Rex Tillerson, President-elect Donald Trump’s pick for Secretary of State, won’t rule out support for Trump’s controversial promise to enforce a national registry to identify American Muslims. In fact, he would consider expanding the registry to “other groups that are threats to the United States” if it can be used as a tool for vetting.
“I would need to have a lot more information around how such an approach would even be constructed,” Tillerson said Wednesday during his Senate confirmation hearing, after Sen. Jeanne Shaheen (D-NH) asked about his support for the registry. “And if it were a tool for vetting, then it probably extends to other people as well, other groups that are threats to the United States. It would require me, much more information to how that would even be approached.”
Sen. Cory Booker (D-NJ) asked Tillerson during the hearing whether he would support reviving NSEERS. “I’m not familiar enough to be able to address it specifically,” Tillerson responded. “I’m happy to get back to you with an answer though.”
Tillerson also told senators at the hearing that he didn’t support a “blanket-type rejection” to restrict travel by Muslims into the United States. But he cautioned, “clearly we have serious challenges to be able to vet people coming into the country.” He further said that a special visa waiver program intended to bring Afghans who help military men and women on the ground into the United States should be more thoroughly examined.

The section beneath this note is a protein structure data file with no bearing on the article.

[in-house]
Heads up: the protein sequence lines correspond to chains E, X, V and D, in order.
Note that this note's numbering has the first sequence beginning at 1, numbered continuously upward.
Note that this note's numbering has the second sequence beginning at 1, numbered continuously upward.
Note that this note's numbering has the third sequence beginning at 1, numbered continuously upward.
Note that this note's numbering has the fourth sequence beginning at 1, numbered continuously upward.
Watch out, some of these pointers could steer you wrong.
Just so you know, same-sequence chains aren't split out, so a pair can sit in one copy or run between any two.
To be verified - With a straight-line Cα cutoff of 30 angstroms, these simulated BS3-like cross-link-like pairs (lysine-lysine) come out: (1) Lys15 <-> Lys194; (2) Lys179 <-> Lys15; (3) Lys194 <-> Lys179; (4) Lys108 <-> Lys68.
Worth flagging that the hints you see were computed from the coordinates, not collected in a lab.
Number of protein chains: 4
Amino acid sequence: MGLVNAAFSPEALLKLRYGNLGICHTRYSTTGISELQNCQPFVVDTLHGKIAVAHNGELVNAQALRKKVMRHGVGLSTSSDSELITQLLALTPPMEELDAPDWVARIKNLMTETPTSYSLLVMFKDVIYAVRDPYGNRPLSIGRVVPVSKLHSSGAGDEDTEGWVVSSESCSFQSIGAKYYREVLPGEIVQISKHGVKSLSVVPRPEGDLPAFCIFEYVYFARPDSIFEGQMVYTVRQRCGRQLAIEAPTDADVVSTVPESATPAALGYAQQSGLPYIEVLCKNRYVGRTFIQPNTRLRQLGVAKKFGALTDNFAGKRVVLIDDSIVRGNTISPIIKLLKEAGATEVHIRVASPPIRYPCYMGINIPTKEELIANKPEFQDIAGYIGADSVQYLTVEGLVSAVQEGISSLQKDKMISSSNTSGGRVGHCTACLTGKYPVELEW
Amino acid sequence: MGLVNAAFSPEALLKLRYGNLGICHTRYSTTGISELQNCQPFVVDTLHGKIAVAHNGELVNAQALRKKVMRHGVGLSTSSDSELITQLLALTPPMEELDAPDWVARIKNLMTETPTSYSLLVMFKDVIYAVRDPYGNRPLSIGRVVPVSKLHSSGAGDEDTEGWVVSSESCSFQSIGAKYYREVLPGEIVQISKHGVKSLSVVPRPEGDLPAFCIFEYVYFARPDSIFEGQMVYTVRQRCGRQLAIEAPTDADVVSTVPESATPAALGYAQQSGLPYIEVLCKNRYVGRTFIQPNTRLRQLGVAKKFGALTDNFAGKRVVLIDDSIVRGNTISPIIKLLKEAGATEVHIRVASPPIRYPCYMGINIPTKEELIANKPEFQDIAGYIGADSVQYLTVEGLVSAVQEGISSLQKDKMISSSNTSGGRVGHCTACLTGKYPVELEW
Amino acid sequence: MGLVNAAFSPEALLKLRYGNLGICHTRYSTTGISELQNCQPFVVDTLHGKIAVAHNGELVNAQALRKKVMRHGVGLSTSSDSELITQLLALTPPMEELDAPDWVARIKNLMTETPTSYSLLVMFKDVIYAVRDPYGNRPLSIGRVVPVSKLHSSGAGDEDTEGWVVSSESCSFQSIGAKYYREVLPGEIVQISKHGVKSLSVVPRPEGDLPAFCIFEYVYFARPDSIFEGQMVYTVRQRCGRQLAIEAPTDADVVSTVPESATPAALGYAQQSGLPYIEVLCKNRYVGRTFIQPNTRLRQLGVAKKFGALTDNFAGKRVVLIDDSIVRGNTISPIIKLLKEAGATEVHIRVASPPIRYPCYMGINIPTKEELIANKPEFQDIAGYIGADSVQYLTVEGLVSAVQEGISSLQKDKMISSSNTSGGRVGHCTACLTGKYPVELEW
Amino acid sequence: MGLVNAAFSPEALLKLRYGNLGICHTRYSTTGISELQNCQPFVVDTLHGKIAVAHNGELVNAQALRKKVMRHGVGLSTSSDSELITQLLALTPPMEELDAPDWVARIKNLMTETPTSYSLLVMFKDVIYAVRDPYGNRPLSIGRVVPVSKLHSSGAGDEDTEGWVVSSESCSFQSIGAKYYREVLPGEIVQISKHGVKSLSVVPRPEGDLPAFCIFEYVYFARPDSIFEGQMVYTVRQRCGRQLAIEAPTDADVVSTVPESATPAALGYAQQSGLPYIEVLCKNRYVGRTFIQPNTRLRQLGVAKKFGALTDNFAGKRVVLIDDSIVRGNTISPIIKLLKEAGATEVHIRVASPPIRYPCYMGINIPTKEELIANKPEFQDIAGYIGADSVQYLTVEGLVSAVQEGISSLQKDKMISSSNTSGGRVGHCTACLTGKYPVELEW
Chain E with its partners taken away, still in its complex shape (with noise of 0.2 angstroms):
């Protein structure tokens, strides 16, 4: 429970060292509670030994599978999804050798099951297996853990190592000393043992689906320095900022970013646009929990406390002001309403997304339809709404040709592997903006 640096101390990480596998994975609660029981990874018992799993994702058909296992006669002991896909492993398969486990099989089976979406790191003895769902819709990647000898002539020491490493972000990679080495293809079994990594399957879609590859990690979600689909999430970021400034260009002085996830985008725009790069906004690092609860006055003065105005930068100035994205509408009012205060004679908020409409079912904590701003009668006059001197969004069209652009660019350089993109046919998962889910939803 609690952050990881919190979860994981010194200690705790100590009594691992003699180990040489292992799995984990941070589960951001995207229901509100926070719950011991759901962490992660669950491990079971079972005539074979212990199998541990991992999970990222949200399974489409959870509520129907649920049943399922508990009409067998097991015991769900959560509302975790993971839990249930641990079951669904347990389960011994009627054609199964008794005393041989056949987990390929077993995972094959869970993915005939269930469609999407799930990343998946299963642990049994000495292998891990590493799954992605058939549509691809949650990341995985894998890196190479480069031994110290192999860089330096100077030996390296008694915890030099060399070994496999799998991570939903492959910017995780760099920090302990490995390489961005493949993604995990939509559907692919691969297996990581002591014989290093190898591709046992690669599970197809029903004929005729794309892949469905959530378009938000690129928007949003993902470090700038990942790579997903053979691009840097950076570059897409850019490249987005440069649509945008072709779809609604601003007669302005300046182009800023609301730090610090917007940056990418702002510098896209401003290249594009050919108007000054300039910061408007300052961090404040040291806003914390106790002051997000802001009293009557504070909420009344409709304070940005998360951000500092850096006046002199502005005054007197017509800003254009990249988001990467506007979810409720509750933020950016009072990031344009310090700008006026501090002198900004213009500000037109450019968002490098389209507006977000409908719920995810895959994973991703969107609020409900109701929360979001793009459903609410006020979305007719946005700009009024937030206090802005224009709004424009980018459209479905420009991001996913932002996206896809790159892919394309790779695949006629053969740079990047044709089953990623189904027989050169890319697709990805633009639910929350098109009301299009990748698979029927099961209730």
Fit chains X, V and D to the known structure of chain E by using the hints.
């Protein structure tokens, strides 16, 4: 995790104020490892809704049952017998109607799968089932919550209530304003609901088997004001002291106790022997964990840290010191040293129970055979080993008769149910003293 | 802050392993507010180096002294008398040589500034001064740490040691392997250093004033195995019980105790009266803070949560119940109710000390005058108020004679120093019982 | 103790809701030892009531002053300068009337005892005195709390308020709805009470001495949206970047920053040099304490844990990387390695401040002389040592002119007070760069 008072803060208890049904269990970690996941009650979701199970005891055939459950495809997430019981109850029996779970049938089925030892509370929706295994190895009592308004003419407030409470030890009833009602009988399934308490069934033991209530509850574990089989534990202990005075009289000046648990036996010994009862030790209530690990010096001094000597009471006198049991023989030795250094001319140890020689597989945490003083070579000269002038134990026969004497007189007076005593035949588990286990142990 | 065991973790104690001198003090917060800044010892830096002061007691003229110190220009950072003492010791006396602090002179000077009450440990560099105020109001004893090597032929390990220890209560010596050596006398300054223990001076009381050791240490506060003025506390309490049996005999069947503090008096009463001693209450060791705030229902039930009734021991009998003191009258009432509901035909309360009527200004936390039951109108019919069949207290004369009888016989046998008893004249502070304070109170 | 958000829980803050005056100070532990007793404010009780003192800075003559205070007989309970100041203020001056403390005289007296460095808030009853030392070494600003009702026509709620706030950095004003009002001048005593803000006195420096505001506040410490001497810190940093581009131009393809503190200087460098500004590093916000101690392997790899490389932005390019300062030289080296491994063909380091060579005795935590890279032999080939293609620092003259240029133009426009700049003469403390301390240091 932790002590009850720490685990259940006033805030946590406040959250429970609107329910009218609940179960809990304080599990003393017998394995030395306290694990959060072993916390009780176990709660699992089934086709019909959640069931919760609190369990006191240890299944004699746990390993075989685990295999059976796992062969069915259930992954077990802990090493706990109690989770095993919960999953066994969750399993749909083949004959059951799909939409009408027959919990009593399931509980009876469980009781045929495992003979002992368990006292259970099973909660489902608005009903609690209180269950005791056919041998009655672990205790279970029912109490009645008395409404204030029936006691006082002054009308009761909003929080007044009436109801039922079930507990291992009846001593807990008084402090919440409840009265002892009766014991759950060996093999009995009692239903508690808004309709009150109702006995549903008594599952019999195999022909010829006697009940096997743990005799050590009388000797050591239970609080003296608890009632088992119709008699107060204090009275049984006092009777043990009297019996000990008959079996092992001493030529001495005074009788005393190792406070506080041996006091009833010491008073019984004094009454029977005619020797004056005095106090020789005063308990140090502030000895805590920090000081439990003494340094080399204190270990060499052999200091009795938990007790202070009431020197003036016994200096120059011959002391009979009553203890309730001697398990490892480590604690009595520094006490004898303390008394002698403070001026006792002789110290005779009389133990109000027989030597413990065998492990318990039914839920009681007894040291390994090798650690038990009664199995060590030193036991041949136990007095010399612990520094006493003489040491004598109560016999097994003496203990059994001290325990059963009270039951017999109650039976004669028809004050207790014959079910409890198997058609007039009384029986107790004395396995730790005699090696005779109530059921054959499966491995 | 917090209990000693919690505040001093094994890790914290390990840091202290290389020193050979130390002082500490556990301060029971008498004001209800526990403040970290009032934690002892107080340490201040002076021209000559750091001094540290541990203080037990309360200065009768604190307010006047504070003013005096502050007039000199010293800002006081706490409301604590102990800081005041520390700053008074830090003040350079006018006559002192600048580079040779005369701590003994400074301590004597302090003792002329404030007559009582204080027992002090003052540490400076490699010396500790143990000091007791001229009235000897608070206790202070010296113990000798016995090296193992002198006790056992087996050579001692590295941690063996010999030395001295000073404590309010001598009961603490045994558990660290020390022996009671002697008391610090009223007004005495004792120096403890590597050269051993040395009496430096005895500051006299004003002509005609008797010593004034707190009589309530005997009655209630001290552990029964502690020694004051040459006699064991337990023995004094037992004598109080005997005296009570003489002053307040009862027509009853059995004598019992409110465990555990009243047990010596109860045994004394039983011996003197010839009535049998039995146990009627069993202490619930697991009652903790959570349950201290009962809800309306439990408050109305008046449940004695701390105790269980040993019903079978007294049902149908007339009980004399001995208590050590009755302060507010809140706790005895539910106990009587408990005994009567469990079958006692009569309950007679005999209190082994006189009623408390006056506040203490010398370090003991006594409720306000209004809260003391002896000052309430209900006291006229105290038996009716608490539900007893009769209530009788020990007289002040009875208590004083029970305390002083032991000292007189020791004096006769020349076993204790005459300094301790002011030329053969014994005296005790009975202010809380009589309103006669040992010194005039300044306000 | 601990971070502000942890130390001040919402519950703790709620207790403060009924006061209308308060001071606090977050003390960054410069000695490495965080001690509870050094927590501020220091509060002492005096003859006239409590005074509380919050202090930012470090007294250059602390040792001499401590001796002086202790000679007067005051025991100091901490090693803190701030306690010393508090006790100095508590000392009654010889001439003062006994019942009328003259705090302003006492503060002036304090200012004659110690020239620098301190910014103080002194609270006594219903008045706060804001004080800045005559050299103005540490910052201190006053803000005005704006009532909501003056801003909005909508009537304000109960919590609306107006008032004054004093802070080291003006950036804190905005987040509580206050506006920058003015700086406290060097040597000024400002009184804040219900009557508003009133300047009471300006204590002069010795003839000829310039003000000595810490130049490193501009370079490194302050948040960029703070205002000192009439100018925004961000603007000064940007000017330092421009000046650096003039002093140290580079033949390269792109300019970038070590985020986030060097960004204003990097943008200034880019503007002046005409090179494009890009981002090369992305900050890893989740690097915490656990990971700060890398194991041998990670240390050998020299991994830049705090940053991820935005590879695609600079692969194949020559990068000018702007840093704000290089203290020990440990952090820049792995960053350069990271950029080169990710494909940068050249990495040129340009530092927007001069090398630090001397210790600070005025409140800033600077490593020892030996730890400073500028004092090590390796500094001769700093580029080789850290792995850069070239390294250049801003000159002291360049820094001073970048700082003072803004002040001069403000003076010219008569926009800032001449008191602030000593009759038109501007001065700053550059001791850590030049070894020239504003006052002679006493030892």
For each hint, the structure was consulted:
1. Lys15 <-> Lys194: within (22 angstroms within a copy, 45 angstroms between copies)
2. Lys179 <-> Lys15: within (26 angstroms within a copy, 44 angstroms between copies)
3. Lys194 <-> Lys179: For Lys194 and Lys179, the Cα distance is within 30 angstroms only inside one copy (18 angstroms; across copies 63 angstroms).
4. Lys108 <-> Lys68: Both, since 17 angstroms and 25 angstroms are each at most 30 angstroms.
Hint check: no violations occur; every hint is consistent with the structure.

Trump made a campaign promise to create a program that would target people from some “high-risk” countries for “extreme vetting,” especially singling out Muslims from terrorist-prone countries.
Tillerson’s support for the registry clashes with the position taken by Gen. John Kelly — Trump’s choice for Department of Homeland Security Secretary. At Kelly’s confirmation hearing on Tuesday, he distanced himself from the registry, saying that he didn’t think “it’s ever appropriate to focus on something like religion as the only factor.”
Muslims in the United States already know what it’s like to live under law enforcement surveillance. As recent as 2015, the New York City Police Department routinely extended investigations of Muslims without getting the proper authorization. Between 2002 and 2011, the U.S. government enforced the controversial practice of tracking Muslims and members of the South Asian community through the National Security Entry-Exit Registration System (NSEERS). Targeting visitors from 25 countries, 24 of which are majority Arab or Muslim, the program profiled mainly Arab and Muslim male immigrants who were forced to register their biometrics and personal information into a database. They also had to check in with immigration officials. The program was ultimately a failure, and Obama announced last month that he would be ending it.
Trump has called for the revival of the dormant NSEERS program, with advisers saying that he would ban people from countries that have a history of Islamist extremism.